February is Black History Month, so it is the perfect time to honor the many inspiring, innovative, persistent and successful black American heroes throughout history. Chances are, you may know a lot about a few select civil rights heroes, such as Martin Luther King Jr., Rosa Parks, and Harriet Tubman. All of those people are immensely important historical figures who contributed greatly to advancing civil rights and freedom from oppression for African-Americans in this country. But there are many noteworthy black figures who you probably never learned about. They were entrepreneurs, explorers, scientists, athletes, entertainers, and American heroes who left great legacies and may still serve as role models to many people. I suggest looking up more on your own time, but here are 3 such figures that you probably never learned about:
Born in 1892 to Texas sharecroppers, she grew up with limited opportunities, but made the most of what she could find. She attended a Baptist missionary school on scholarship, and then studied agriculture in Oklahoma for one year, before running out of money. She later moved to Chicago to join her brothers, and found a job working in a barber shop, and became fascinated with hearing stories of pilots and their feats in World War I.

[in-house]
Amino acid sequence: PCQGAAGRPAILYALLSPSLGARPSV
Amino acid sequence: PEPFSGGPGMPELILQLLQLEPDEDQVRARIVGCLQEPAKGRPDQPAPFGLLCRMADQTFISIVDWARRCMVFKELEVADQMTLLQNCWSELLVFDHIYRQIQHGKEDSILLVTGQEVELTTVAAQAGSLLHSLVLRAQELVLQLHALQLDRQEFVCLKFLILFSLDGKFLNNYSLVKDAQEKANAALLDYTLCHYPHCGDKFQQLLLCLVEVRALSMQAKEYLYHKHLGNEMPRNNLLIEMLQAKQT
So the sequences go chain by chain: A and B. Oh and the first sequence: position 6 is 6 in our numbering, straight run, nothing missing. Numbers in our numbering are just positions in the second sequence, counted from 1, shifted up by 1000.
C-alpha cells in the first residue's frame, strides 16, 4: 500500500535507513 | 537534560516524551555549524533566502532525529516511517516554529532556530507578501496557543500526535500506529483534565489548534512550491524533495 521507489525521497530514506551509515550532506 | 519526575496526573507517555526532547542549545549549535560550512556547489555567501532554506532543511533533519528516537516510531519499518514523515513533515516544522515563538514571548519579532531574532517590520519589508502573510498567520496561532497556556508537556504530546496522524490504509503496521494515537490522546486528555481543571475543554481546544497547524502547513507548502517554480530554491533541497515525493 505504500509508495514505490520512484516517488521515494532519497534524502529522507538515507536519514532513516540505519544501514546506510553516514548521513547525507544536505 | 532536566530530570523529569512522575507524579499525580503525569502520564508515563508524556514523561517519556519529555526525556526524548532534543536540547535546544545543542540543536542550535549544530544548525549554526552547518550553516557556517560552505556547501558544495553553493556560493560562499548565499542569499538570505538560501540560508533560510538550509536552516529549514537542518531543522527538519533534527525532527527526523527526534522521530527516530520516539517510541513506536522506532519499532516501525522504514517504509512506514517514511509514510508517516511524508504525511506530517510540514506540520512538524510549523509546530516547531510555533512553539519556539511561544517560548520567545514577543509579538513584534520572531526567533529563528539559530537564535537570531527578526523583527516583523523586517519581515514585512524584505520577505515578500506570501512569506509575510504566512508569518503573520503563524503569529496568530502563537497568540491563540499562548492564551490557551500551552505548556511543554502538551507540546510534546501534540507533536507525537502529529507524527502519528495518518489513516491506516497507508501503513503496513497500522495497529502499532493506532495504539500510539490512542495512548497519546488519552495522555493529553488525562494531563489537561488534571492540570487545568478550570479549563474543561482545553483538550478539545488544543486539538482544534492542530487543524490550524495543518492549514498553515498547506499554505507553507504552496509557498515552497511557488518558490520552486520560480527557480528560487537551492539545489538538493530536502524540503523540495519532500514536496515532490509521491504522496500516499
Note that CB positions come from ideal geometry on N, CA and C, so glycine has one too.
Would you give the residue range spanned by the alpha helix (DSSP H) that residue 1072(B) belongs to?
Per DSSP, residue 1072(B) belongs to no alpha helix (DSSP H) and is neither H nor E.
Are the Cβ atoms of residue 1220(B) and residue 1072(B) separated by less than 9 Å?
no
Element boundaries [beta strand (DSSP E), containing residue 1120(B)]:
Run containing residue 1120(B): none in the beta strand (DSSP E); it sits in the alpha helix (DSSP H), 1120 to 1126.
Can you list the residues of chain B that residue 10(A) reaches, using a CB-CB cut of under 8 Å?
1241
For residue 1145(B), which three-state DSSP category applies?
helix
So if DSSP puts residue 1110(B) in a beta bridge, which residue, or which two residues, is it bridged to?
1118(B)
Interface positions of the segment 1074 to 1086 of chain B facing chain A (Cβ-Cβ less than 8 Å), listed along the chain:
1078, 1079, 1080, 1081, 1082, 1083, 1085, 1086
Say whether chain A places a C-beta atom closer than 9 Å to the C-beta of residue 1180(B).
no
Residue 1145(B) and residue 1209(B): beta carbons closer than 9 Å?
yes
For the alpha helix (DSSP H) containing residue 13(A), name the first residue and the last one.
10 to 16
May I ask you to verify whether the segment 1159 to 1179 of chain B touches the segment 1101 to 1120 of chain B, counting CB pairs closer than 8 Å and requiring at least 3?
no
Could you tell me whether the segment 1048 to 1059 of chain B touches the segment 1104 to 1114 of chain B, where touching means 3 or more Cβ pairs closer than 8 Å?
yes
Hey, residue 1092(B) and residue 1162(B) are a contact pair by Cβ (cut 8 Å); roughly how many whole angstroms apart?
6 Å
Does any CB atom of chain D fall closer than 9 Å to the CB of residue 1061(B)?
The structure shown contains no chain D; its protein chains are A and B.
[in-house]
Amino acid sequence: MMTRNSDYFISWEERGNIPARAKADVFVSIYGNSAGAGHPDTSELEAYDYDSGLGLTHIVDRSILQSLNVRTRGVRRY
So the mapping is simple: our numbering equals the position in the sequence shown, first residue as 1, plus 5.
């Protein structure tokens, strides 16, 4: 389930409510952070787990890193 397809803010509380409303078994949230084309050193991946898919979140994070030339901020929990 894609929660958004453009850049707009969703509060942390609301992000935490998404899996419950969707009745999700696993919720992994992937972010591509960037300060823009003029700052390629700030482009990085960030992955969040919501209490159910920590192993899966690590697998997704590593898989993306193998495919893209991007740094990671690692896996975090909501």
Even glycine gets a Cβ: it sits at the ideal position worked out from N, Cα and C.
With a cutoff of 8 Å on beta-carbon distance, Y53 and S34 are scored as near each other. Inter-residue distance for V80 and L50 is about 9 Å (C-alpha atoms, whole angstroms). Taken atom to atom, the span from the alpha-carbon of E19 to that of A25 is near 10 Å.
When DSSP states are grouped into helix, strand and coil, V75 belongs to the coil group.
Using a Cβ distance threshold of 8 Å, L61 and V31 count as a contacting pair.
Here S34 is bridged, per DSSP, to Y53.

There were zero opportunities for black, female pilots in the US at the time. But Bessie didn’t take no for an answer- she instead decided to make her own opportunities, and in 1920, she traveled to France so she could earn her pilot license. She successfully completed her course, and spent a few months piloting airplanes in France before returning to the US by boat in 1921. She became a sensation, performing dangerous, brave stunts in air shows across the US, and being dubbed as “the world’s greatest woman flier.” She tragically died after crashing a damaged plane flying over Florida in 1926. She still had big dreams ahead of her, such as opening a flying school for black Americans, which she never got to accomplish. But her courage and dedication to following her goals would serve as an inspiration to black women in a time when much inspiration was needed.
Born as a freedman in 1848, he made the most of his opportunities, and became a masterful draftsman(a person who draws plans and sketches). While working with Edison, Latimer helped design a device that made the lightbulb last longer, making Edison’s lightbulb far more advanced than others existing at the time. Latimer would go on to patent several inventions in his lengthy, successful career. He remains one of the most brilliant scientific innovators in American history.